Security flaws found in home electric car chargers

Security researchers have discovered failings in two home electric car chargers and are urging owners to update their apps and chargers, to be safe.

Security researchers have discovered failings in two home electric car chargers. According to a report by the BBC, the researchers were able to make the chargers switch on or off, remove the owner's access, and show how a hacker could get into a user's home network.

Most of the faults have now been fixed but owners are being told to update their apps and chargers, to be safe.

It comes as proposed new legislation on cybersecurity for appliances, including chargers, is published.

Two home chargers, Wallbox and Project EV - both approved for sale in the UK by the Department for Transport - were found to be lacking adequate security when used with an accompanying app for smartphones.

Cybersecurity researcher at Pen Test Partners, Vangelis Stykas, discovered the vulnerabilities. "On Wallbox you could take full control of the charger, you could gain full access and remove the usual owner's access on the charger. You could stop them from charging their own vehicles, and provide free charging to an attacker's vehicle," he said.

"Project EV had a really bad implementation on their back end. Their authentication where it existed was pretty primitive, so an attacker could easily escalate themselves to being an administrator and change the firmware of all the chargers," he added.

Mr Stykas says changing the firmware - the programming that is built in to the hardware - would allow an attacker to permanently disable the charger, or use it to attack other chargers or servers.

Pen Test Partners is one of a fast-growing number of companies in the UK that specialises in penetration testing, something commonly referred to as 'white-hat hacking.'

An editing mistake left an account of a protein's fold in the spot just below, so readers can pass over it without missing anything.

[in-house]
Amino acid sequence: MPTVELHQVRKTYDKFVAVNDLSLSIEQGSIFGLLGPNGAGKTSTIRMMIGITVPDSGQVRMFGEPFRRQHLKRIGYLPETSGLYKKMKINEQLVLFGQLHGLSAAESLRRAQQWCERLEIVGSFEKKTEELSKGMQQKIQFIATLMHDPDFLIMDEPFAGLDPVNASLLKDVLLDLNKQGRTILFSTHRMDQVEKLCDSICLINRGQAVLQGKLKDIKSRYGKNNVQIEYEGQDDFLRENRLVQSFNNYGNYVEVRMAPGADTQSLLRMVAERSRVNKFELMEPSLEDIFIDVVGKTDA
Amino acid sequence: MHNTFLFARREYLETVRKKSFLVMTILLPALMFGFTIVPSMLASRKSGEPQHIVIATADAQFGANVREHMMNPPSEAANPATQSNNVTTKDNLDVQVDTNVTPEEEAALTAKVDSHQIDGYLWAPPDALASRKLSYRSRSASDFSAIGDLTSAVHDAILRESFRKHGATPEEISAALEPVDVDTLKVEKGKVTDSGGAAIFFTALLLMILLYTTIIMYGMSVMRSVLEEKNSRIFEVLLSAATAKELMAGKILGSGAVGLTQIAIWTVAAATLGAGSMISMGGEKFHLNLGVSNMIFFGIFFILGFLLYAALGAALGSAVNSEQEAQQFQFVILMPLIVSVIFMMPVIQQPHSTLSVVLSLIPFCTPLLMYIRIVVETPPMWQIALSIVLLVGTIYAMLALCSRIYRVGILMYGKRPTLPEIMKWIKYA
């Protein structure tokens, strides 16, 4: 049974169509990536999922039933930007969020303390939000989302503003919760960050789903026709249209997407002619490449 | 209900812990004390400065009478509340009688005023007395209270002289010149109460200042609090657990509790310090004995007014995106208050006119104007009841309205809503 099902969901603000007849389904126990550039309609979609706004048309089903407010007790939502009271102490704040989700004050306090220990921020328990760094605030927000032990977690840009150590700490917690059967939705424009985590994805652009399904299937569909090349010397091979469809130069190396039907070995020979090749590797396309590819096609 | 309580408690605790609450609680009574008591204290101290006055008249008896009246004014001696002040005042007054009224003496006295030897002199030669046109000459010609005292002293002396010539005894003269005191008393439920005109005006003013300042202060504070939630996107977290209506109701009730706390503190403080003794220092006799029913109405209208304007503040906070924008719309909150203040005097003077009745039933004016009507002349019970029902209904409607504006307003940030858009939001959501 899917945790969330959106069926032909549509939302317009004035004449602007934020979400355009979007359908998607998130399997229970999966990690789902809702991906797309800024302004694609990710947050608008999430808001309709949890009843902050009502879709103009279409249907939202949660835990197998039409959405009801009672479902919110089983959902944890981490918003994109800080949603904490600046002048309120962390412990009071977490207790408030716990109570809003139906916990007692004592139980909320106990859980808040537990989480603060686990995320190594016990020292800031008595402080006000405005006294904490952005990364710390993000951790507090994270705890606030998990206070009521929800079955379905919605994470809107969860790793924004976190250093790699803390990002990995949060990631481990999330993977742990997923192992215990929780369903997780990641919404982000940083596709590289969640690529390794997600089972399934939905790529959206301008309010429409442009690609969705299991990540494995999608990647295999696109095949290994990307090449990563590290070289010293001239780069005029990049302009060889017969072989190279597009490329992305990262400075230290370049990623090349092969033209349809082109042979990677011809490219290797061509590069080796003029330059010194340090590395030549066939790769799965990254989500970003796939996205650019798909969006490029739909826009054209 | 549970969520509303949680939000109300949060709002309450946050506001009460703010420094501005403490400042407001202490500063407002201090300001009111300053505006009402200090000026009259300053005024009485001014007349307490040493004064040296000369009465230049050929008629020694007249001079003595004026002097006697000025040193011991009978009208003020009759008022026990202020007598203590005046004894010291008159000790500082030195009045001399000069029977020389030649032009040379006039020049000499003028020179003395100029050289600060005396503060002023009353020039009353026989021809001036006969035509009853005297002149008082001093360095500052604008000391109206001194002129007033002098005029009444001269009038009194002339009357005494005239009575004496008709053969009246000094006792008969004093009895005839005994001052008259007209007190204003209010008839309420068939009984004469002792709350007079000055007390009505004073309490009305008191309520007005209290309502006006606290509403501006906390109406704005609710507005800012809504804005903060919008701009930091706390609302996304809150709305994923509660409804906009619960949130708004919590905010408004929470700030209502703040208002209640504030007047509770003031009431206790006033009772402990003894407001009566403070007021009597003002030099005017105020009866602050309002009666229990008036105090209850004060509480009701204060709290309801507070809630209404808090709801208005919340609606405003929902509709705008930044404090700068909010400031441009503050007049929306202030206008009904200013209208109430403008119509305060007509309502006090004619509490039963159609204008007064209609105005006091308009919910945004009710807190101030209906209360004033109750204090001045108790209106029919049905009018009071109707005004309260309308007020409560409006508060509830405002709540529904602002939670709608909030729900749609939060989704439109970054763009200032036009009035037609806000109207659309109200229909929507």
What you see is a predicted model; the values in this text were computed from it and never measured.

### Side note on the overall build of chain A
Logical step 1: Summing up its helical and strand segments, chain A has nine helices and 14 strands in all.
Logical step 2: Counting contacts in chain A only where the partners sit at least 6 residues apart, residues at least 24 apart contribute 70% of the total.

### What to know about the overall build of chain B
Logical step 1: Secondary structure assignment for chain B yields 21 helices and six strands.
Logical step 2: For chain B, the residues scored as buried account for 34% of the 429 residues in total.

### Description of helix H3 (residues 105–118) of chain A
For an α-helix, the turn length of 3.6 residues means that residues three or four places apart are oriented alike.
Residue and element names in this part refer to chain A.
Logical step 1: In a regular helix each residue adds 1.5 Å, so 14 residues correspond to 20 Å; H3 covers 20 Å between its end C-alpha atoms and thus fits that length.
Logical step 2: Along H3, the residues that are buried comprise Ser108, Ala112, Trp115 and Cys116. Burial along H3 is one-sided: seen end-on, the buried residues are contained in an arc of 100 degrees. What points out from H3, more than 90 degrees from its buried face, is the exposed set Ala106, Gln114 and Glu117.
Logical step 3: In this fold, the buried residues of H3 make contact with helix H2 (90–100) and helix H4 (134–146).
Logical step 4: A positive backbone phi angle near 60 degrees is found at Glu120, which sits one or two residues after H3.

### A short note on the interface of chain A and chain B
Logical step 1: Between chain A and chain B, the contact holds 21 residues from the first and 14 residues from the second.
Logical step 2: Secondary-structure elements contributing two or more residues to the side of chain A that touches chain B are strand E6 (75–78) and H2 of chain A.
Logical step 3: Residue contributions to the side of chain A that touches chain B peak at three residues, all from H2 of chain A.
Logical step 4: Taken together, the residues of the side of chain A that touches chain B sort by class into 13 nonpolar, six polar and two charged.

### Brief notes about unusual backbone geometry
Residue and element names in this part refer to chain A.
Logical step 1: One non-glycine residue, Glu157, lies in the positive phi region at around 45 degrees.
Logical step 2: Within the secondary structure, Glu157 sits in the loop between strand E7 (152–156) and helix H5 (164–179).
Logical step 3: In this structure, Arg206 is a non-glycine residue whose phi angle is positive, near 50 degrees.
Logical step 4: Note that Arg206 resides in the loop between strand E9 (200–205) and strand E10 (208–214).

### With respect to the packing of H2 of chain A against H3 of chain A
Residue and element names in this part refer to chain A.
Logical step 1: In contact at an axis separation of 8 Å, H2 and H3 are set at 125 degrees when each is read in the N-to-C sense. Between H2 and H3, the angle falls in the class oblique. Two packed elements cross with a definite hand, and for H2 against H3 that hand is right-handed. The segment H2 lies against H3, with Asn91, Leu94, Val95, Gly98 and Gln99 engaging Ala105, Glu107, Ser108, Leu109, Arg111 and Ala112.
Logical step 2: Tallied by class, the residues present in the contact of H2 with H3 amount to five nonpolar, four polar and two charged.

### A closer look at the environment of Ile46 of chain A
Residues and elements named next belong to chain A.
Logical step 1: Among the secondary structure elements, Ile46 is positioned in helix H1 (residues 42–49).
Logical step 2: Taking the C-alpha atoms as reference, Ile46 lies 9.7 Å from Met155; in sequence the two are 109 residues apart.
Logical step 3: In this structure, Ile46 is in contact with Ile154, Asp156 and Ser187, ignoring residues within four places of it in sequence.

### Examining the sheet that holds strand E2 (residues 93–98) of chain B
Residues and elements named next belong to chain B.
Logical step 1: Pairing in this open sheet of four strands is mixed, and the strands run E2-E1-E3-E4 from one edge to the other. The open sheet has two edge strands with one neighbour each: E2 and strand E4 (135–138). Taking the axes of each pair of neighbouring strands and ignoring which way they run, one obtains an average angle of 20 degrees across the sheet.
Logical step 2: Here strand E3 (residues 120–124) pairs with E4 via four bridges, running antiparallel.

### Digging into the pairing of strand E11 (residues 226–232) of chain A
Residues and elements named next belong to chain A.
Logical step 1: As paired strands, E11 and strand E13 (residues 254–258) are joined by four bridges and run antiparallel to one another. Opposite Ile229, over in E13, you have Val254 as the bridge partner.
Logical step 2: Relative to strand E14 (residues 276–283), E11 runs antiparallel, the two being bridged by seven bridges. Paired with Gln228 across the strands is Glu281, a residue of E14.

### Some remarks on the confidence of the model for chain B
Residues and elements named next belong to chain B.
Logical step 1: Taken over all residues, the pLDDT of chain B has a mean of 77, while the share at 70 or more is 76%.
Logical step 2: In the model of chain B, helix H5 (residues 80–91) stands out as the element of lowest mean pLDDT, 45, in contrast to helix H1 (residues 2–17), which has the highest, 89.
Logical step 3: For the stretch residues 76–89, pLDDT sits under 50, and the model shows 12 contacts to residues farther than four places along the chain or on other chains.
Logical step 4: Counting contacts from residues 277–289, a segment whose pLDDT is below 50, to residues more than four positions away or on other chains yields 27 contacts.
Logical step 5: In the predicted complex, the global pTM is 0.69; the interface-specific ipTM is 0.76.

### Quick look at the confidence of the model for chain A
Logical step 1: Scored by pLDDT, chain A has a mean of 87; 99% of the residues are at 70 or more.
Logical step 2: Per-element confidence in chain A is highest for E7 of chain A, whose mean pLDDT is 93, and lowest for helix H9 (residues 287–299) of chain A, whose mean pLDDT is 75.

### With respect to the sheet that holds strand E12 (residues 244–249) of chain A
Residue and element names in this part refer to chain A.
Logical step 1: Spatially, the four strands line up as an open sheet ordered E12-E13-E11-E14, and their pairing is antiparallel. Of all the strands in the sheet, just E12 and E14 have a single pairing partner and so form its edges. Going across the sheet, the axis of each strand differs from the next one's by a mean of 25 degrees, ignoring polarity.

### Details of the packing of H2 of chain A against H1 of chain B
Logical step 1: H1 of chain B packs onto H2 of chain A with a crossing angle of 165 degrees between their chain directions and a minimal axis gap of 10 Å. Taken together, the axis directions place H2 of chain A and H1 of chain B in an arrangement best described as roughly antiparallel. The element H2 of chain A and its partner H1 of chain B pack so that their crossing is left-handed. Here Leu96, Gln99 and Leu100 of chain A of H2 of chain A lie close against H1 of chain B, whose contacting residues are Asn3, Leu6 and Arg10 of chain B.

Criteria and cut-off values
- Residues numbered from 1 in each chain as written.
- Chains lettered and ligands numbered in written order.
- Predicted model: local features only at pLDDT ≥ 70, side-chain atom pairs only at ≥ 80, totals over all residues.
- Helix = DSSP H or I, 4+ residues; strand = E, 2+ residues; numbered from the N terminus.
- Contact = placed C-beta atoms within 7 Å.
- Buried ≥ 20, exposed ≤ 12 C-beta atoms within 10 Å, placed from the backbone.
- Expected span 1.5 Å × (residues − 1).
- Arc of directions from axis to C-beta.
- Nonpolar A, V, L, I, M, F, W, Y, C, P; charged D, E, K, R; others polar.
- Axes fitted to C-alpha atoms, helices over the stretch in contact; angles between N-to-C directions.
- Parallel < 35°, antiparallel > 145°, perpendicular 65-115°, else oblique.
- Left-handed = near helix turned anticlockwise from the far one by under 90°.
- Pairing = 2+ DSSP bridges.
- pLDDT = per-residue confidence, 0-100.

'White hats' aim to find security problems and report them to the companies concerned, so vulnerabilities can be corrected before hackers can take advantage of the failing.

Mr Stykas believes anyone with a little knowledge of these cloud-based web application systems could have performed the same hack.

"It's pretty obvious for anyone who can understand cloud systems and cloud communication, and it didn't take that much to spot the vulnerability and find a way to exploit it," he said.

Researchers also found it would be possible in cases where the chargers were connected by wi-fi to the home network, for hackers to also gain access.

Pen Test Partner's Ken Munro says: "Once you're on to someone's home network, if you haven't changed that router admin password, you can send all the traffic to the hacker.

"That means they can do things like set up sites that look like the real deal but steal your passwords and then your real bank account for example has been compromised. There's all sorts of things you can do .. so everything you do online is potentially exposed."

In its report into the security failures, Pen Test Partners adds that multiple chargers could be controlled at the same time using some of the vulnerabilities it found, which could potentially be used by an attacker to overload the electricity grid in some areas and cause blackouts.

Ensuring cybersecurity is part of the government's conditions for chargers to be sold in the UK, which allows buyers to receive government subsidies when making a purchase.

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